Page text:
A few years ago, the village had an Open Garden Day which was very well received. Glenys and I are planning to organise one this year and if you are interested there will be more details in the February issue of What’s On and on Facebook on the Wenvoe Community Support Group page.

Take care and happy gardening

Gardening in December


This month’s tips come from the most popular person on the planet at this time of year – Father Christmas

  1. When we get on in years the main gift we want for Christmas is our health. That’s why the other presents dry up.
  2. Please send letters to me, otherwise you will end up with socks and another scarf.
  3. Families cannot fathom why you would want a roll of bubble wrap but stick to your guns.
  4. Don’t tell the friends and relatives that you can’t help with the clearing up after the Christmas dinner because you need to water the allotment, they won’t believe it.
  5. If friends buy you a year’s magazine subscription, don’t expect it to continue indefinitely.
  6. Unlike myself you only have to wear your Christmas jumper this month, so go for it – you know you want to.
  7. Before the big day make a space in the shed and when the partner asks you why, just say you’re expecting a sizeable gift. Disclaimer, it doesn’t always work.
  8. Don’t take your new gloves to the allotment in January as the conditions will make them unusable for the rest of the year.
  9. Give yourself a bit of extra time to think about New Near resolutions, that way some might be achievable.
  10. Gardeners are a sociable lot and have many friends. Just give a thought to those on their own. Loneliness is miserable.


Although we haven’t had any significant frosts in our area before Christmas for a couple of years it is still best to insulate the greenhouse, replace any broken glass and use a clear flexible mastic on loose panels. A single layer of polythene beneath the glass will reduce the amount of sunlight able to get in by 10%, which at this time of year should not affect the

plants. We need to have all pots that are outside, up off the floor to allow drainage. Watering will be at a minimum at this time of year, so it may be a good idea to empty out water butts and leave upside down. With high winds guaranteed, check that any trellis is safe and that plant stakes are fit for purpose.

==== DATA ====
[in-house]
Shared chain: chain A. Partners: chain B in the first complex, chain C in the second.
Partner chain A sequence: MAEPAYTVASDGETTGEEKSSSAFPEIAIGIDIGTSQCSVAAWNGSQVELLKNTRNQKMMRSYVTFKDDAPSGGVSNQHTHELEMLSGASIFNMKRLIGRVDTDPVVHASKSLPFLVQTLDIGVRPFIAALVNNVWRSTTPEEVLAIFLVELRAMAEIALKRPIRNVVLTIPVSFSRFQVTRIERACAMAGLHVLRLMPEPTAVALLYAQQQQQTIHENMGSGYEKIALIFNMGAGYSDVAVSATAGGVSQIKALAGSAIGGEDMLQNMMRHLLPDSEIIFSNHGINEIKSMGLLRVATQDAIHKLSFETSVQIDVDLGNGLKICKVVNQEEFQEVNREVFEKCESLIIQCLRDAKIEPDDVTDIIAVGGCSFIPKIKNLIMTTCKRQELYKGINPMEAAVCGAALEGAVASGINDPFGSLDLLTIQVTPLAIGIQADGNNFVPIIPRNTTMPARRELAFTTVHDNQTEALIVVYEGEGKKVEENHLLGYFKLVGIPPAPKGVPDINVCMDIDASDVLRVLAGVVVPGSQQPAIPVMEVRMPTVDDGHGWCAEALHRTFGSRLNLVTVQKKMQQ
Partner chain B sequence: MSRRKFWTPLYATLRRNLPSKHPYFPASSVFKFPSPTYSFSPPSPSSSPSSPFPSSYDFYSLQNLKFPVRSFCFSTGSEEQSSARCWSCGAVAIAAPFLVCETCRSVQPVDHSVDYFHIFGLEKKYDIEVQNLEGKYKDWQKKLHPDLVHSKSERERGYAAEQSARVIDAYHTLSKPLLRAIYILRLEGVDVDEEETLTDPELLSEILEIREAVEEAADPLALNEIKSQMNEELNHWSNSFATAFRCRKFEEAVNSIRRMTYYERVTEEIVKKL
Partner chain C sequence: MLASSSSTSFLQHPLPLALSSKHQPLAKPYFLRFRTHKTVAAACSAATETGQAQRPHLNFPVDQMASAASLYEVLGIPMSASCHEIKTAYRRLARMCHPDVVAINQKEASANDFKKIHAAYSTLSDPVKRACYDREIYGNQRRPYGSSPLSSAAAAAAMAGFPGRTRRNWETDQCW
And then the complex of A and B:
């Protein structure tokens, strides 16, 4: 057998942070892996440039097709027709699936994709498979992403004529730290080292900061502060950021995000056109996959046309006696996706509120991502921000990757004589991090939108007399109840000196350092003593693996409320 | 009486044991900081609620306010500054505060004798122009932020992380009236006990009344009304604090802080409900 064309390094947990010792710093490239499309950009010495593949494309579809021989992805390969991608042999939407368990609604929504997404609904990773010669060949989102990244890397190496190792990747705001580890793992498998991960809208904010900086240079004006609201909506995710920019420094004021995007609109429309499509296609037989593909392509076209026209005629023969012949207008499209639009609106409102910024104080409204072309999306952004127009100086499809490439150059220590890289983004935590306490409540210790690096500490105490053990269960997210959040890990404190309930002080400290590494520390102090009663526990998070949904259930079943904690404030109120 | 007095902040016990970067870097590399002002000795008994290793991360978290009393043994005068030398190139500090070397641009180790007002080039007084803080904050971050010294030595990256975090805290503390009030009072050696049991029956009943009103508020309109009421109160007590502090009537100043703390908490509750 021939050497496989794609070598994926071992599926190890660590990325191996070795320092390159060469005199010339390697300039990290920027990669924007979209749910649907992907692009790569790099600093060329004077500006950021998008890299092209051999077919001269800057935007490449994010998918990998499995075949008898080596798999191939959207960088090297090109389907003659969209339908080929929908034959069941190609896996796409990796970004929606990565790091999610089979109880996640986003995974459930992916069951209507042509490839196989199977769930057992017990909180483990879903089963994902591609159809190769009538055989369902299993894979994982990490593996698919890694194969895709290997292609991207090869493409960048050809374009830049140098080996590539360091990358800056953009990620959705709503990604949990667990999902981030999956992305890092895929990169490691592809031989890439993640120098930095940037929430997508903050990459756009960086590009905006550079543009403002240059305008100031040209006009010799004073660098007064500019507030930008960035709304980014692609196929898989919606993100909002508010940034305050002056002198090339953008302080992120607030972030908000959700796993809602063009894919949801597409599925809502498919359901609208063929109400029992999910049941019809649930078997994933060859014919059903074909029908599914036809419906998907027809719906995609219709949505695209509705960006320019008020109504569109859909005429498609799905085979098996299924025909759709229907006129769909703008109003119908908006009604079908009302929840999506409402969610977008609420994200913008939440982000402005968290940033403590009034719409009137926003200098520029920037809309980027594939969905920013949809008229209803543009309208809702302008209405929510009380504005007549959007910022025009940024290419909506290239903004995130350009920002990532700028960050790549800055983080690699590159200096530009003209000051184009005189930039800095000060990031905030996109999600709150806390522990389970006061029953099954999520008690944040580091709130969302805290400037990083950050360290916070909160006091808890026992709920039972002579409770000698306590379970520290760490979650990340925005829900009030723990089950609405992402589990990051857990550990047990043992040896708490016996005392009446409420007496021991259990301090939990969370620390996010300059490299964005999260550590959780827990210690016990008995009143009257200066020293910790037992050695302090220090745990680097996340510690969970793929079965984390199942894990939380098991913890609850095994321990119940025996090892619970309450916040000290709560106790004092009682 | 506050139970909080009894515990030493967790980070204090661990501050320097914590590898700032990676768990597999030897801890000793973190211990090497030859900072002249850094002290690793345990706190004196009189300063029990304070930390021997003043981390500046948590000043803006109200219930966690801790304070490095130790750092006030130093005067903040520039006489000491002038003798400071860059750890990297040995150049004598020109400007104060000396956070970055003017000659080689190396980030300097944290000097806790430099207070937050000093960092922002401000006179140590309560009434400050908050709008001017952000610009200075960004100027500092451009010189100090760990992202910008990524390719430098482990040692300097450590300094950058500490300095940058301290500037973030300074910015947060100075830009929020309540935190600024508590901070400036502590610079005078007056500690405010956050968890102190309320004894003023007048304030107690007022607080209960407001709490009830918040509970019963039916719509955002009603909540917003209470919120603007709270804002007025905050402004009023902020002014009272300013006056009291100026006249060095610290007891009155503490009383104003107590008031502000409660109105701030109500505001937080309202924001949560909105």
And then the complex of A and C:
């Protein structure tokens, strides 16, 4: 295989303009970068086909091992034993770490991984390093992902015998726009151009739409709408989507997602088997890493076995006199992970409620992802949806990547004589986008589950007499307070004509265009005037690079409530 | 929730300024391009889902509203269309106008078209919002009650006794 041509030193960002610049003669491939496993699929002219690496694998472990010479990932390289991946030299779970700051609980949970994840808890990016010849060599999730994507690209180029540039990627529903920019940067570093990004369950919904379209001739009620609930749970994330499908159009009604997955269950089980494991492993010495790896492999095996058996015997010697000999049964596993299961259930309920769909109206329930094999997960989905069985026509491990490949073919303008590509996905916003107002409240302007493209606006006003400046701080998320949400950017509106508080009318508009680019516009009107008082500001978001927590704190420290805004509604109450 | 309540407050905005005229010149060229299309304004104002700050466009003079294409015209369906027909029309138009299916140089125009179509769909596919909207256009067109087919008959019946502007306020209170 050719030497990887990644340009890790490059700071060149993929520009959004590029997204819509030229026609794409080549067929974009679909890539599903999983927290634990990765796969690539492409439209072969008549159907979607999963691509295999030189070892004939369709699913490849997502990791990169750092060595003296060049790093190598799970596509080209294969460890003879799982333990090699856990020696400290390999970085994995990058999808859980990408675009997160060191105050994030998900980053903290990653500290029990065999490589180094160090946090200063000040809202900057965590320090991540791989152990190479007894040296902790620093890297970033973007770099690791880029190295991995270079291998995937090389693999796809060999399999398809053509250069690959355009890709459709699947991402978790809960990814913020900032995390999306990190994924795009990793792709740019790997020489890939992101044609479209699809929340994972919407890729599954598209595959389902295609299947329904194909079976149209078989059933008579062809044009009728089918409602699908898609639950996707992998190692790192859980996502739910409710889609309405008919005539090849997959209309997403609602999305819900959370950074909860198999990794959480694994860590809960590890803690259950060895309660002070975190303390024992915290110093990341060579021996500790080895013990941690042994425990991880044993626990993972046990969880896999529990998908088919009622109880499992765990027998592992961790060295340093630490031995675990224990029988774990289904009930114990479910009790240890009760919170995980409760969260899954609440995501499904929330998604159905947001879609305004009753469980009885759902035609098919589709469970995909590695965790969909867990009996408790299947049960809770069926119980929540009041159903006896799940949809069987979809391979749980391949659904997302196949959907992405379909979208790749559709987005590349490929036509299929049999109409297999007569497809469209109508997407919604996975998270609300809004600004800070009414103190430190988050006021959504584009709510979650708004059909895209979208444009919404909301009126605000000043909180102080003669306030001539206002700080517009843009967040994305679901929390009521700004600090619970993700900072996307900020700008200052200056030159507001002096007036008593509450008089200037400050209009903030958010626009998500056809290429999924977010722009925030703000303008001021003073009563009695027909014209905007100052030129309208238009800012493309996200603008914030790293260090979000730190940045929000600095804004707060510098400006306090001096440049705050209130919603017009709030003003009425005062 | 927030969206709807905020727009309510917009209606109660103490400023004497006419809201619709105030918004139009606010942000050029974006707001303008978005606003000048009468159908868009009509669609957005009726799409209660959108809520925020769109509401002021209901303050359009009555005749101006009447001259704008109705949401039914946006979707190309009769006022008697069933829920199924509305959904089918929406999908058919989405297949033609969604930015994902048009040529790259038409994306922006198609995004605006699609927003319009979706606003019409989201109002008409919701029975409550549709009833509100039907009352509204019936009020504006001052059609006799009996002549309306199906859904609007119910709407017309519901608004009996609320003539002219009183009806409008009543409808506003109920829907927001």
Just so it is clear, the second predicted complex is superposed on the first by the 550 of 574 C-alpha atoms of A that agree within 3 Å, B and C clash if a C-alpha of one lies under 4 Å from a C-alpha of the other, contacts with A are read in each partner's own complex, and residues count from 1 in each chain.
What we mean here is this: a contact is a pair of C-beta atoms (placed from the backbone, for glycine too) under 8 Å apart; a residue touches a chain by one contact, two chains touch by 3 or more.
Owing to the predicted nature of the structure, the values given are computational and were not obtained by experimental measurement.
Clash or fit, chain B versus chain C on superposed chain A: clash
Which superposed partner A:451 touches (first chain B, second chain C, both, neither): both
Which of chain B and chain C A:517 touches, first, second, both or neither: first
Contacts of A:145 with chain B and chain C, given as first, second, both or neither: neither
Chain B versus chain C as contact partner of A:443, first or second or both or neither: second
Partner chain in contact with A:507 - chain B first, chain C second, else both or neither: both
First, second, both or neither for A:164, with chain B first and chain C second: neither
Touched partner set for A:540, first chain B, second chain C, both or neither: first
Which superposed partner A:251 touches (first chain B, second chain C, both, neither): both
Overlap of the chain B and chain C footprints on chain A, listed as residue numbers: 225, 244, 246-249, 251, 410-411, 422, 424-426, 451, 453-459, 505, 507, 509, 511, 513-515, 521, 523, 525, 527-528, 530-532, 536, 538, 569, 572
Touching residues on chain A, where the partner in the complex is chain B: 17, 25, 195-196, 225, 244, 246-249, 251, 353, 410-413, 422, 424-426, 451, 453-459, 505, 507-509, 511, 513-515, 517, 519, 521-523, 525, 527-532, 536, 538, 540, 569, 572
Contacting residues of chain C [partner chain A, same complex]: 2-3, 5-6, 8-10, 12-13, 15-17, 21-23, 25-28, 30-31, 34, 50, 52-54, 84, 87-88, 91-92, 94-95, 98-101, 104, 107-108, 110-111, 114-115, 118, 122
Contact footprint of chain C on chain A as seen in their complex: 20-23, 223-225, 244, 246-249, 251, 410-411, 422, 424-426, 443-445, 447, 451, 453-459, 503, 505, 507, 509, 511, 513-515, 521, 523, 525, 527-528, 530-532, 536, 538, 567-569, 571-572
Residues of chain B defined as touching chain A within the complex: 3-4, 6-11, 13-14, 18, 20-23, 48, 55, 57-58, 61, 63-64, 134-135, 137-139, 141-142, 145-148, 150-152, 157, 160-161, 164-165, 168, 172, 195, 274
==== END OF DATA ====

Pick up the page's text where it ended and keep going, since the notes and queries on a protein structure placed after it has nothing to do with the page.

Bare root plants are available now and are good value compared to potted ones. Plant them up as soon as they arrive but they won’t need a feed. Apple trees, vines and acers can be pruned now. If you wait, they may start to bleed which can make them susceptible to diseases. Take hard wood cuttings from now until late winter. Gardener’s World magazine says most deciduous plants will take but some evergreens, such as cotoneaster and holly, are also worth trying. Just take off the soft growth and cut above a bud, then cut just below a bud anything from 6 – 12 inches from the top and stick in a pot or the ground leaving a third above ground. These are going to have to stay put until next Autumn then you can move them to either their own pot or a patch of ground. Blackspot on hellebores is a problem at present. Pull the infected leaves off but don’t compost them; put them in the bin. While you’re dealing with this remove some of the lower leaves to show off the flowers.

At the allotment Bernard will be on hand for any advice you may need over the winter period. There will be a lot of netting rolled out to protect brassicas from hungry pigeons. People who put onion sets in will have to place them quite deep or birds will pull them out and they only do this to annoy you.

A big thank you to all who contributed to this page (whether they wanted to or not) over the past year and to the What’s On team for giving me space in the magazine.

Merry Christmas and a Happy New Year

from the village gardener.